Not quite a physics post, but something really cool that came out recently
Now you know what it's like to see through the eyes of five different animals!
I'm still waiting to see a mantis shrimp though... 8 color receptors compared to our three? How does that even work? Where do they fit in the electromagnetic spectrum? Extra colors that is. Maybe within our lifetimes we'll be able to find out.
Optical illusions are awesome. That cannot be debated. Ever. Some of them are used to be thought provoking, street art that looks one way from one viewpoint and completely different if you move. Some are just to screw with your brain, like many of Escher's famous pieces.
This one is used to make you want to buy Ray Bans. No, seriously. http://www.youtube.com/watch?v=dhuUhaNIWLQ.
So why do these things look 3D to us? Courtesy of our lovely brains, which like to detect patterns where there a
We all know the standard shape of a mushroom cloud
It looks something like this:
The question is why do they look like this?
Well, as can be seen in this post, the less in-depth answer is a simple difference in density between the rapidly expanding gases and the rest of the air.
However, this is a physics blog after all, and so I'm going to get into the Rayleigh-Taylor instability. In the most understandable terms (though to be quite honest after reading up on it I still don't really
That title should say it all.
Okay, as per usual, beginning link to article (I get all of my blog post ideas from links my dad sends me)
We all know laser cutting is a thing. Or, if you didn't, you know now. Of course, there are many different ways of using laser cutting. You can vaporize things, crack them with thermal stress, "stealth dice" (one of my personal favorites), um..."melt and blow" (that's what it's actually called), and more. Using high energy photons and laserizing many dif
This isn't going to be a full out physics post, but this is just astounding.
Look at this. This used to be a living bird. It accidentally flew into this mirror-like lake with a pH of 9.5-10 and a high soda and salt content that caused it to calcify.
Nature is scary, guys.
Image credit goes to Nick Brandt, article here
With the Nobel Peace Prize in Physics for 2013 being given to those who worked on the discovery of the Higgs Boson, it only follows that the physics blog should have something on that.
This slideshow does a wonderful wonderful job of making the Higgs field relatable for the layman and explaining why it took so long to say why there is a "possible" discovery. Namely, it's impossible to find a Higgs boson straight out, but rather they have to search for its predicted decay pattern among billion
First thing you should do is watch this incredible video. I couldn't get it to embed, but it's a man using a hamster chasing a carrot to steer a 15 ton Volvo FMX to demonstrate the new Volvo Dynamic Steering systems.
Let's assume a hamster weighs about 4 ounces or about .113kg and that the angle of inclination of the plane of the steering wheel is around 15 degrees. Using fancy shmancy trig, we find the horizontal component of the force of the hamster by multiplying (.113)(9.8)(sin15*) or .28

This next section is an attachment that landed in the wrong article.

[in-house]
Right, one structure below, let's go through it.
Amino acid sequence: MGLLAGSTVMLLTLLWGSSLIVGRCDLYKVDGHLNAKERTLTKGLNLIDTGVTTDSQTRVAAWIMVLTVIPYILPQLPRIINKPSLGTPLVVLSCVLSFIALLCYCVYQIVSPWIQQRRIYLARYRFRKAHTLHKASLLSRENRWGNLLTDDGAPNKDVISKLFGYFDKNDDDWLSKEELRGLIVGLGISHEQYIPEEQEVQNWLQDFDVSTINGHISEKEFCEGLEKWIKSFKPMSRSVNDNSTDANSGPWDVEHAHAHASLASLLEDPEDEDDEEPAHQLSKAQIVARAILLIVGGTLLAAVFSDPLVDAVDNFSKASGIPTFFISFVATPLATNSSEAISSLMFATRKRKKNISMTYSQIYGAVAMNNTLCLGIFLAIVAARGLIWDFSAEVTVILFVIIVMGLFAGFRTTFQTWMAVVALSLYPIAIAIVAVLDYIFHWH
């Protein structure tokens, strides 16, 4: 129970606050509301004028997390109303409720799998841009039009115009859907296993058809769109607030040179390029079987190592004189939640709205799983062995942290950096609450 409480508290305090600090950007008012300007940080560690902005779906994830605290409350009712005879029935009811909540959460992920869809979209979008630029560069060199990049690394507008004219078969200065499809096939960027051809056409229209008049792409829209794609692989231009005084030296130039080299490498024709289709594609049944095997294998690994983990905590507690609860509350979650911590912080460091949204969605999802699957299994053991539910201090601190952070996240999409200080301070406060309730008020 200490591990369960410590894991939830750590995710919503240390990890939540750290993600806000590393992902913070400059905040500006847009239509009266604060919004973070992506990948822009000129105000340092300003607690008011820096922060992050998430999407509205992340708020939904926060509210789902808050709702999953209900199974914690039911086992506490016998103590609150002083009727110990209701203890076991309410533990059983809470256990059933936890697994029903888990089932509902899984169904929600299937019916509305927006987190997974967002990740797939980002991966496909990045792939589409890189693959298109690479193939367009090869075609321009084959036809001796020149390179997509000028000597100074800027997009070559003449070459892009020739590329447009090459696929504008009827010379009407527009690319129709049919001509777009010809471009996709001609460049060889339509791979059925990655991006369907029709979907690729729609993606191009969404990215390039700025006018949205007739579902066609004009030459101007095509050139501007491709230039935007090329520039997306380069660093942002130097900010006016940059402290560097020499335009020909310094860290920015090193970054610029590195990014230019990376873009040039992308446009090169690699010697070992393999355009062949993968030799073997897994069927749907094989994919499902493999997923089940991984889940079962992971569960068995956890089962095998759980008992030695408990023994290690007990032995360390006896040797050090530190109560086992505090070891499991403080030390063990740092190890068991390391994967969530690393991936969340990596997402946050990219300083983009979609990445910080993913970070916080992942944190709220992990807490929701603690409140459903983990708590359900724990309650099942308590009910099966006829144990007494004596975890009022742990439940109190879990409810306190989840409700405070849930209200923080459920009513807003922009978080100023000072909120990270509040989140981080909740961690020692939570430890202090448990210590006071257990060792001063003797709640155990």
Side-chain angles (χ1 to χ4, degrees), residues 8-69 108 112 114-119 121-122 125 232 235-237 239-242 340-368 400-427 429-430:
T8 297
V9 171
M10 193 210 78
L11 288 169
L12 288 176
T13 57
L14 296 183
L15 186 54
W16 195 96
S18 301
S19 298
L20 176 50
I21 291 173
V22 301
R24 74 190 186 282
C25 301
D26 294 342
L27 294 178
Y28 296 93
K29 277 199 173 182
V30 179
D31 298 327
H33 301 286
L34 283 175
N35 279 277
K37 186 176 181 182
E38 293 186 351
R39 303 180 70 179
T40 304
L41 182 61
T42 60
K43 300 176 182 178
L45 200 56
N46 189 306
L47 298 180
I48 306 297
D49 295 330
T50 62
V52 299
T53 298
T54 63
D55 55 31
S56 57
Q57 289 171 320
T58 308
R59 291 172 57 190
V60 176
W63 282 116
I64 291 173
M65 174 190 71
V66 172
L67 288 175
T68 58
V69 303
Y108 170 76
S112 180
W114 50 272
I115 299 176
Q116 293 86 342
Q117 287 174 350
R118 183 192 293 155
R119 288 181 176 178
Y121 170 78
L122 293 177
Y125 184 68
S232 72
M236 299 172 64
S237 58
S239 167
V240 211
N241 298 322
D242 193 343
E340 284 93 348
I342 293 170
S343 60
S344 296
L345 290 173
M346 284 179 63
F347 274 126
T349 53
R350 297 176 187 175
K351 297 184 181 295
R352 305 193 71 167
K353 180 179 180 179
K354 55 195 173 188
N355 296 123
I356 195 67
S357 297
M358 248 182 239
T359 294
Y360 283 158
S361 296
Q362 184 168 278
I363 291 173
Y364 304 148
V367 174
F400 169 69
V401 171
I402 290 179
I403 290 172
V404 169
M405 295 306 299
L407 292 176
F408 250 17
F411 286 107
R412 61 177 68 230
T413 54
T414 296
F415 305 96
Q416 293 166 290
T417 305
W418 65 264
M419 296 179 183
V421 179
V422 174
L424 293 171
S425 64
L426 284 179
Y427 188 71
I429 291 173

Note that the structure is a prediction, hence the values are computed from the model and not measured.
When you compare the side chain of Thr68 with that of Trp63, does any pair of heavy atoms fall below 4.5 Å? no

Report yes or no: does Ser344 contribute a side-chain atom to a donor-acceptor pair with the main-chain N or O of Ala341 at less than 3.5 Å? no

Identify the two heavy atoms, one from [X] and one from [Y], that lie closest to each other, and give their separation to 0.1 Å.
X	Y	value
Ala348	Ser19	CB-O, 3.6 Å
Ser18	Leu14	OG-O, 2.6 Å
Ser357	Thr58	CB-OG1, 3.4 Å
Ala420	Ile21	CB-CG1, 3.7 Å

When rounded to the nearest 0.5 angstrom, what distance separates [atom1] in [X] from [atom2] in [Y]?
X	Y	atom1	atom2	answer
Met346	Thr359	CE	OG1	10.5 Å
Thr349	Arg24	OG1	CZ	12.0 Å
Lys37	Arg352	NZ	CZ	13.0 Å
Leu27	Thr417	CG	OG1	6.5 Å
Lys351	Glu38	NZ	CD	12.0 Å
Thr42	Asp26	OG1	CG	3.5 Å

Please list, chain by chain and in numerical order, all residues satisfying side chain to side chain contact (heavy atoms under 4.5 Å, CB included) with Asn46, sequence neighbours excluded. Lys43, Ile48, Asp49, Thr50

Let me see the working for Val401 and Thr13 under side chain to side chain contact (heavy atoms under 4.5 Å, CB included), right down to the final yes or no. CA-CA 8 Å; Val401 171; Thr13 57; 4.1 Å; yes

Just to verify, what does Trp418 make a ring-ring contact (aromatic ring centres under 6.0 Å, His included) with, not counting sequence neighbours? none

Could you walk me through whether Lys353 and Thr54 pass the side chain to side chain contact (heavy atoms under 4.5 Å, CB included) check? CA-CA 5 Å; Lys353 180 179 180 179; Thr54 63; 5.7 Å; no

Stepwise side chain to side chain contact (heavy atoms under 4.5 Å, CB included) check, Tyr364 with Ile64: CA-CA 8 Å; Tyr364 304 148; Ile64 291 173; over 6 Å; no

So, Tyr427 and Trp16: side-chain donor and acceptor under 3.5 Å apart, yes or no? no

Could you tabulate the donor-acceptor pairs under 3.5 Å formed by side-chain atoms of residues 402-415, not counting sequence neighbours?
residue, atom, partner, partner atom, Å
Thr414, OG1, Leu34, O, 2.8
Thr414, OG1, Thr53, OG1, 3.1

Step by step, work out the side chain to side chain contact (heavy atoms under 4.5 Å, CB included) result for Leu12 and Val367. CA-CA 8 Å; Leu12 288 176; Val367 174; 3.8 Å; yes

I'll admit that this has more to do with chemistry than physics, but really when it boils down to it, everything is physics.
To celebrate that the snow is over (hopefully), let's watch how it grows in the first place
Quite beautiful, isn't it? Especially with the music and all. So why do they grow that way? Well, it all has to do with the formation of hydrogen bonds. Usually, when water goes below the freezing temperature, the bonds form a nice cr
Currently, we use a method called astronomical parallax to measure the distance from the Earth to various stars among our home galaxy and others. Well, we'll still be using it. Unfortunately, this post isn't about a literal tape measure from Earth to the stars.
The usual way of measuring distance has to do with observing angles as the Earth goes around the sun, as is illustrated below
But now, we have found a way to utilize the Hubble Space Telescope for yet another purpose: spacial scan
First and foremost, a video! Huzzah!
So, why do these bubbles evaporate into mist instead of freezing and shattering? Well, that is due to the properties of fluids and fluid dynamics.
Have I mentioned before that I'm really bad at fluids? The oil of the soap, the cold air, and the surface tension of the water/soap mixture all mis together with SCIENCE and create wispy frozen bubble clouds. Technical terms of course.
I really don't get fluids. They're just pretty.
So at first glance this sounds dumb. What is this post about? Well, since I can't get embed to work still, go watch this video.
If you're really too lazy to watch a youtube video, here's what it is: 32 metronomes all set to the same tempo (beat) but started at different times. Sounds simple. If they were on a static surface like a table, they would remain discordant forever. But that's boring. So they put the metronomes on a movable surface, and voila, they synchronized with each other.
I nearly forgot the story of the month! Or, at this piont, last month. St. Patrick's day to be exact.
Anyways, physicists have now detected direct proof of the big bang and, more specifically, inflation! I can't explain it very well, but my source is not cooperating, so I shall try. Because of the vast size of the universe, there hasn't been enough time for light and information to get from one end to the other. So how is it all the same temperature?
That's where inflation comes into play.